The North Pacific Oscillation and Eigenvectors of Northern Hemisphere Atmospheric Circulation during Winter
INSTAAR Occasional Paper 31
1979, 177 pp.
A climatological study of the North Pacific Oscillation (NPO) between 1906 and 1978, and a related analysis of the eigenvectors of northern hemisphere sea level pressure (SLP) and 500 mb height departures for the winters 1946–47 through 1976–77, are performed. Two types of eigenvector analysis are carried out: the first is for mean winter pressure and height anomalies for the 31 winters and the second is for daily pressure and height departures during each individual winter. Eigenvector patterns based on daily data are compared between winters and also with the seasonal mean anomaly eigenvector patterns. Eigenvector patterns based upon unnormalized data appear to show real spatial variability in atmospheric anomaly fields whereas eigenvectors from normalized data are less useful. The associations between the time coefficients of the pressure and height eigenvector patterns, and their relationship to the climatological fields associated with the NPO and the Greenland-Europe winter temperature “seesaw,” or North Atlantic Oscillation (NAO), are elaborated.
The NPO results from longitudinal variations in the mean position of the Aleutian Low and is associated with regional variations in climatic parameters, particularly over North America. The NAO is due to variations in the intensity of the Icelandic Low and is associated with hemispheric variations in climatic parameters. Both oscillations, and their eigenvector pattern equivalents, are climatic features characterized by interannual variability. The NAO is associated with hemispheric trends in temperature, which vary with the relative frequency of the two modes of the oscillation. In contrast neither mode of the NPO has predominated over the other since 1906. The two oscillations represent separate patterns of teleconnection in pressure and winds.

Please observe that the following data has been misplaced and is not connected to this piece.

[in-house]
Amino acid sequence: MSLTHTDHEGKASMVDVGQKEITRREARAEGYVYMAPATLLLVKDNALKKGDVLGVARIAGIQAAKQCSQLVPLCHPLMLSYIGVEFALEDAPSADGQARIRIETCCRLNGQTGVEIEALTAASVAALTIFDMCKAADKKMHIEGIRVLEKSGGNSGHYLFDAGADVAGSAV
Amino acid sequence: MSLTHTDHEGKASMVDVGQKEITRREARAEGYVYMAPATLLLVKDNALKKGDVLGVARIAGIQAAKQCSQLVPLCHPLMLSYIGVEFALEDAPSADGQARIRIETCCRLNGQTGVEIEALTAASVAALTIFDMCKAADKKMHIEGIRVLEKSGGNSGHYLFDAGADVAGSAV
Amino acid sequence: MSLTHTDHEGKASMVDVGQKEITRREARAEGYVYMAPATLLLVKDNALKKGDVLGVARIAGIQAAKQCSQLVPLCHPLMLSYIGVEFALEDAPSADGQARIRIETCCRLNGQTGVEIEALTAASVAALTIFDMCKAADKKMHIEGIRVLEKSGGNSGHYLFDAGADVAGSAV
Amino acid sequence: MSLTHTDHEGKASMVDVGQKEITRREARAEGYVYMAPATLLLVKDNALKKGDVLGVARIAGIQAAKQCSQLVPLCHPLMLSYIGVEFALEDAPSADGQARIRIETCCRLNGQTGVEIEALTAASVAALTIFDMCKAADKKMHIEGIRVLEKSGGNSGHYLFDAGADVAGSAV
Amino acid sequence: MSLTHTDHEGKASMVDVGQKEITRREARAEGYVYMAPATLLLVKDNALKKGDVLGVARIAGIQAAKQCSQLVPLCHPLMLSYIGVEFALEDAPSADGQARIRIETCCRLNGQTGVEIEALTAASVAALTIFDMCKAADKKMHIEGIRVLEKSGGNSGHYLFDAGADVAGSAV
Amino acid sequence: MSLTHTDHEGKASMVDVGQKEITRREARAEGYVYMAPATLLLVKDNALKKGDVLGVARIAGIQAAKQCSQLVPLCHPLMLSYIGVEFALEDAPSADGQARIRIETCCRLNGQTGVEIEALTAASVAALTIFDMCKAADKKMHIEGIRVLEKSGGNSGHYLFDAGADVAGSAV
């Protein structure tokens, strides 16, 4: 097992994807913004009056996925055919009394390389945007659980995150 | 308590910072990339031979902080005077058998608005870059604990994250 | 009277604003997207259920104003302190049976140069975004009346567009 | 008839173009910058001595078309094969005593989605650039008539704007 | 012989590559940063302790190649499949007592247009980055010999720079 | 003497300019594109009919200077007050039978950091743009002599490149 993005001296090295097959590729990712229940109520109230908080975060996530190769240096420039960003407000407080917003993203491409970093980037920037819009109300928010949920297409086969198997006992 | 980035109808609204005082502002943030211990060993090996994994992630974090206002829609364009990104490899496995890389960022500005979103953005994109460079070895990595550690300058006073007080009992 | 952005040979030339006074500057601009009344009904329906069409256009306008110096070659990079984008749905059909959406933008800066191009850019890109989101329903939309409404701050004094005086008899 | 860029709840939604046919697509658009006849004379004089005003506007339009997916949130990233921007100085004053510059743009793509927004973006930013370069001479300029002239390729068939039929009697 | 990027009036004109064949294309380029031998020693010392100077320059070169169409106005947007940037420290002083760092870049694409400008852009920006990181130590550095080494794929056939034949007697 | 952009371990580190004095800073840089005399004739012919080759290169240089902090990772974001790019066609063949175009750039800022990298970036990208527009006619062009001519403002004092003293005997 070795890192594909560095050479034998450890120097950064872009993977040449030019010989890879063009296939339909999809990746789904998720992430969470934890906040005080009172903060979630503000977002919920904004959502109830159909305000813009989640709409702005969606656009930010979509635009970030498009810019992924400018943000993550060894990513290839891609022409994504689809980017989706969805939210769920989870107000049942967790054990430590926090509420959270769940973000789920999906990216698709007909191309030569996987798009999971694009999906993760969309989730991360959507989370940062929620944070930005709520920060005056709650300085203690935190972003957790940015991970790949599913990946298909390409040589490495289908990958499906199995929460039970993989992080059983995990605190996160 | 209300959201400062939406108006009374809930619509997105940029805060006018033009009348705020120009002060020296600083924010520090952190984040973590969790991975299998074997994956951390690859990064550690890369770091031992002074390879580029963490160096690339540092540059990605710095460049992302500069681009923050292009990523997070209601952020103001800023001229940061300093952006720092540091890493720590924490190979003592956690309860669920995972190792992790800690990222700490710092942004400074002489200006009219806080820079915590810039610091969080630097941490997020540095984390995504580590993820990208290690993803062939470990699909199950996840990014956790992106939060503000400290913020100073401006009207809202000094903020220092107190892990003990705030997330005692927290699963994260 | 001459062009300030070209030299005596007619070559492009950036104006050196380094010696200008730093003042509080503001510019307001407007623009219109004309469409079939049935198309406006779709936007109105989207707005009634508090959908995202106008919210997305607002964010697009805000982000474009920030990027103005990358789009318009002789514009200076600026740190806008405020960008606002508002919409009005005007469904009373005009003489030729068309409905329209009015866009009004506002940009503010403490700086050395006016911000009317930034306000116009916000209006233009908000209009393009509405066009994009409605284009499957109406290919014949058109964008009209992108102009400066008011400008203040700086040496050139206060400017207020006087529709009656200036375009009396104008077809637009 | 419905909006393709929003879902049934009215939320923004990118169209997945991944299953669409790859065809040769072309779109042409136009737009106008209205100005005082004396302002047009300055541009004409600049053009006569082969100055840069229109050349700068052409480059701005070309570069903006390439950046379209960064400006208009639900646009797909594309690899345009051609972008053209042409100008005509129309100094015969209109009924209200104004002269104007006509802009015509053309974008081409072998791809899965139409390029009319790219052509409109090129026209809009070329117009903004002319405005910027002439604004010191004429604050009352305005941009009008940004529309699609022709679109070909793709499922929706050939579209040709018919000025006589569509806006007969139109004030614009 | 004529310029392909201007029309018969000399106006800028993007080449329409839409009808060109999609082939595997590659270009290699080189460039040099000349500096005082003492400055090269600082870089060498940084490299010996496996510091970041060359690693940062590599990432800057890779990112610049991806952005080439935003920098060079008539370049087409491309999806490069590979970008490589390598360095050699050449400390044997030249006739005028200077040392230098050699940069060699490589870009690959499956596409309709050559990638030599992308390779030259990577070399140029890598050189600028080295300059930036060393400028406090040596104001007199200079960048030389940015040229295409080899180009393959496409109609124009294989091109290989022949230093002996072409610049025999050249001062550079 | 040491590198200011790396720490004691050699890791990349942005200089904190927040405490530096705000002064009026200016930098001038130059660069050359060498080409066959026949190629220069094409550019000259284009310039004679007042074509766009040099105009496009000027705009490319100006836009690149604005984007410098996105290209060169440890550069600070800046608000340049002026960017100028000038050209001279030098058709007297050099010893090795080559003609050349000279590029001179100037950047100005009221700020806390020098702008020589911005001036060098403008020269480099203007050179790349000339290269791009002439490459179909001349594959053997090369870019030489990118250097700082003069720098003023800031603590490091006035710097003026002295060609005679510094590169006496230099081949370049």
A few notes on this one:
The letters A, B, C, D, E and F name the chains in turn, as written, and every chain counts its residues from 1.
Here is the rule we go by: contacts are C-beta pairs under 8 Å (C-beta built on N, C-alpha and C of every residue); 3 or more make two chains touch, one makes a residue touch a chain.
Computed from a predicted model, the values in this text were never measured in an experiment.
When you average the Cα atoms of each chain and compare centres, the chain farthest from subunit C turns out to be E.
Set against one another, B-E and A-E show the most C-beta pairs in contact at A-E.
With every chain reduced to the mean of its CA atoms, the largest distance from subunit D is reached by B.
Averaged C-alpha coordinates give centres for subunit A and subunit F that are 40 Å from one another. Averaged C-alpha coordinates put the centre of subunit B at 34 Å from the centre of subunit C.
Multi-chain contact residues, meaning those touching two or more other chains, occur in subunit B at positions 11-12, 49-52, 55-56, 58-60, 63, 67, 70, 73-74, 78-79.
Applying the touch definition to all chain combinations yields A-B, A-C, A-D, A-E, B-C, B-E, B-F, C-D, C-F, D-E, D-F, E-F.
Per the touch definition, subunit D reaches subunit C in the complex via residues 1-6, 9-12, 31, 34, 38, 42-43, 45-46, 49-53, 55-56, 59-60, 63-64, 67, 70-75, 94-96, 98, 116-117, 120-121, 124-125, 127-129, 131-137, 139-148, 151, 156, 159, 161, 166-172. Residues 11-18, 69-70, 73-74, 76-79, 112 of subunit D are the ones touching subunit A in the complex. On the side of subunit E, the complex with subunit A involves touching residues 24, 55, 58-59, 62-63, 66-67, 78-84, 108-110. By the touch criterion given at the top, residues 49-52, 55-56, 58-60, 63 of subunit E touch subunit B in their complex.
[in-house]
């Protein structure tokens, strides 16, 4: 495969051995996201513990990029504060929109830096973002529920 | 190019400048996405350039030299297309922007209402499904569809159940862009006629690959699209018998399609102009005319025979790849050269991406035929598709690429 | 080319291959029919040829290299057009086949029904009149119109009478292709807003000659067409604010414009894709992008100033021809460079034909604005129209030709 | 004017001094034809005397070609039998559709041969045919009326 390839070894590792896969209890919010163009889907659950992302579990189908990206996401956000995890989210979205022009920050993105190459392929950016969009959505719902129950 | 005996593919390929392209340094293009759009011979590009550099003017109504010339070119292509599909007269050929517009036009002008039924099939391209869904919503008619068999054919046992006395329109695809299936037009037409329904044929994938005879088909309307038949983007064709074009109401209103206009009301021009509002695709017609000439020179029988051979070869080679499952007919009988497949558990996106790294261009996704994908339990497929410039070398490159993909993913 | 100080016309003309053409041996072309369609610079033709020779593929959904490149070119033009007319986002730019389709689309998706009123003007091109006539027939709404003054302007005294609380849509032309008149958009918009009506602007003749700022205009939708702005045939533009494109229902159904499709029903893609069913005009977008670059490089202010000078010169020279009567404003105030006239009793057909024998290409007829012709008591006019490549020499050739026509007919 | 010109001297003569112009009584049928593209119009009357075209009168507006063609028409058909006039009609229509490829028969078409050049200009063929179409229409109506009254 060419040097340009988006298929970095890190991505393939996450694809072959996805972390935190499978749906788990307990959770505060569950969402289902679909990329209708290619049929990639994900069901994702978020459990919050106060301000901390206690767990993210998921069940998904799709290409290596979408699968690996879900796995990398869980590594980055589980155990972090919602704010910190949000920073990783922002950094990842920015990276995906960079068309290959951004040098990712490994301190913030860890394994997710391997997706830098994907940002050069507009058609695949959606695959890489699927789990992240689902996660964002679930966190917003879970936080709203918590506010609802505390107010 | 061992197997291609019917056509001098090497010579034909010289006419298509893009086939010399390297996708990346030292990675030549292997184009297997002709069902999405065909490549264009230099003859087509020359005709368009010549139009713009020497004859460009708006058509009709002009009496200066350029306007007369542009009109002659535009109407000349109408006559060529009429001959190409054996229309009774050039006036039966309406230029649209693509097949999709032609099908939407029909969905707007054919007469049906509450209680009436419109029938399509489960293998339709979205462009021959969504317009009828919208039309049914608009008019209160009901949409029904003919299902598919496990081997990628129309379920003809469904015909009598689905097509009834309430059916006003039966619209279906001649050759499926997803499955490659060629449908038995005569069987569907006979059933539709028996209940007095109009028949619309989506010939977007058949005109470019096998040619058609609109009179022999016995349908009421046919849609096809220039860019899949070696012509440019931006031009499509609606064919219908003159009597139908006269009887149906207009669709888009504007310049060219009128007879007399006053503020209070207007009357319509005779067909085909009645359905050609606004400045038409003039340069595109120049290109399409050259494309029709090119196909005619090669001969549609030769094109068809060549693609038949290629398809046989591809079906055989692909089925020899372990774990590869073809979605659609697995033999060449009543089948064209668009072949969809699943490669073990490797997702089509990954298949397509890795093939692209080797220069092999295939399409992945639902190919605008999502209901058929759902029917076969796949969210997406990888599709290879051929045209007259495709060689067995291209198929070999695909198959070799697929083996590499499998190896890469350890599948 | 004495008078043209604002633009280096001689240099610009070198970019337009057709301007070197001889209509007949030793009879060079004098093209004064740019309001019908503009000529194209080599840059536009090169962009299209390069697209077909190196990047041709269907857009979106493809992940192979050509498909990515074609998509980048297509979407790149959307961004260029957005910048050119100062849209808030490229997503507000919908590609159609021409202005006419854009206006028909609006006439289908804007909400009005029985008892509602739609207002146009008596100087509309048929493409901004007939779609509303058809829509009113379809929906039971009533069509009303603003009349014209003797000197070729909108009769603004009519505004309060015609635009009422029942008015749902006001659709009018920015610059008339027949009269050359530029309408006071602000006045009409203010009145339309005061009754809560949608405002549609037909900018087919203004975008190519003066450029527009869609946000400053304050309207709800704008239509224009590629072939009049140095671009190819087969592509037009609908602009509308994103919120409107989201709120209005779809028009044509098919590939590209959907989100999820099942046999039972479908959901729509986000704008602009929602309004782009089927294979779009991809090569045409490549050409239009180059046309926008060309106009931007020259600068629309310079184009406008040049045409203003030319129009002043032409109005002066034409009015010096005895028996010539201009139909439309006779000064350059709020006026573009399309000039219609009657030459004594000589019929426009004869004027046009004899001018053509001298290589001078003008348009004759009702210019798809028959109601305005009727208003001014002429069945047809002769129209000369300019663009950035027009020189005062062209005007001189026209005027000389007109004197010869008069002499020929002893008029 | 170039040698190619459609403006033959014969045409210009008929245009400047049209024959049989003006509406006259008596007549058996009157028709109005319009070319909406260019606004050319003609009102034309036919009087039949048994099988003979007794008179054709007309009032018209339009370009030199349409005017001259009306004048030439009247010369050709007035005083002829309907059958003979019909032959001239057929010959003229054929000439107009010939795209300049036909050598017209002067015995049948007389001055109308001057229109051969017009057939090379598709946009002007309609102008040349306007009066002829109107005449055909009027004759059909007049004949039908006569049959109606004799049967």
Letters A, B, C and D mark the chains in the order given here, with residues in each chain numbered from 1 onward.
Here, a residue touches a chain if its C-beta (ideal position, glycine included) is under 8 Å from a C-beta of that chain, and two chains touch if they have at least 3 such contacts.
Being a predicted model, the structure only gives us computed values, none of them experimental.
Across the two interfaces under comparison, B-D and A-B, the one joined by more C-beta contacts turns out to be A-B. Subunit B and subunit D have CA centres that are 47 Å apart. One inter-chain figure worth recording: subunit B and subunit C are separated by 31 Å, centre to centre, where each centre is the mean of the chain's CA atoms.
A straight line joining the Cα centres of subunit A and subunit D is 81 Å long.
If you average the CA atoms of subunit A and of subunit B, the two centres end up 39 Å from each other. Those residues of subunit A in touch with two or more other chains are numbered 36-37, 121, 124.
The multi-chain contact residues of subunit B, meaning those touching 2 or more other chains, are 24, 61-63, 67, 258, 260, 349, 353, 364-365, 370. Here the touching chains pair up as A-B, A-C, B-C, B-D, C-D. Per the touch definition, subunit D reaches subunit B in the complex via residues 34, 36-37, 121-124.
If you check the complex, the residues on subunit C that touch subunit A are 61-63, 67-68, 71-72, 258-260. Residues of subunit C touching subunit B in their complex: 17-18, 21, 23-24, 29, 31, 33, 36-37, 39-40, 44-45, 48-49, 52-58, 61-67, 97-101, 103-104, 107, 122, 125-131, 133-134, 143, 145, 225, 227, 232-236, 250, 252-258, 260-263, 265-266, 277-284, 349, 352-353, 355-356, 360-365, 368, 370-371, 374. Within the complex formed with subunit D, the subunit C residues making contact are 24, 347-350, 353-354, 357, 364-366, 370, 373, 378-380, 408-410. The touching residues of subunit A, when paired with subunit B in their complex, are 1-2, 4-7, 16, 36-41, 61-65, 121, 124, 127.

Other results show that large, significant variations in air temperature and precipitation occur between modes of the NPO. Variations in the Bering Sea ice edge averaged about 275 km between occurrences of the two oscillation modes during recent winters, but there was little significant difference in sea surface temperatures in the North Pacific Ocean.
The patterns of January mean pressure variability during the modes of the NPO are shown to resemble the second eigenvector of SLP anomalies determined in an independent study employing January data. Both the eigenvector and pressure variability patterns change spatially when data for winters (DJF) are used, suggesting that the climatic fields associated with this oscillation vary during the course of the winter. This oscillation is compared with the climatic fields found for the NAO, which resembles the first eigenvector when either January or wintertime data are used. The NAO shows little change during winter months.
The time coefficients of the first eigenvector pattern of 500 mb height anomalies are highly correlated to the coefficients of both the first and second SLP eigenvectors. The thermal anomalies in the atmosphere suggested by the first 500 mb eigenvector pattern also resemble those which are associated with the NAO and NPO. The analysis of daily-data eigenvectors for individual winters shows between-year differences. Winters when daily-data eigenvector patterns resemble the mean winter anomaly field are usually those when one or both of the oscillations occur and particularly modes with persistent blocking. Most eigenvector patterns based on daily data resemble weather noise, but the percent of the total variance they explain increases when the data are filtered using five-day or eleven-day running means. The patterns change little when the data are smoothed.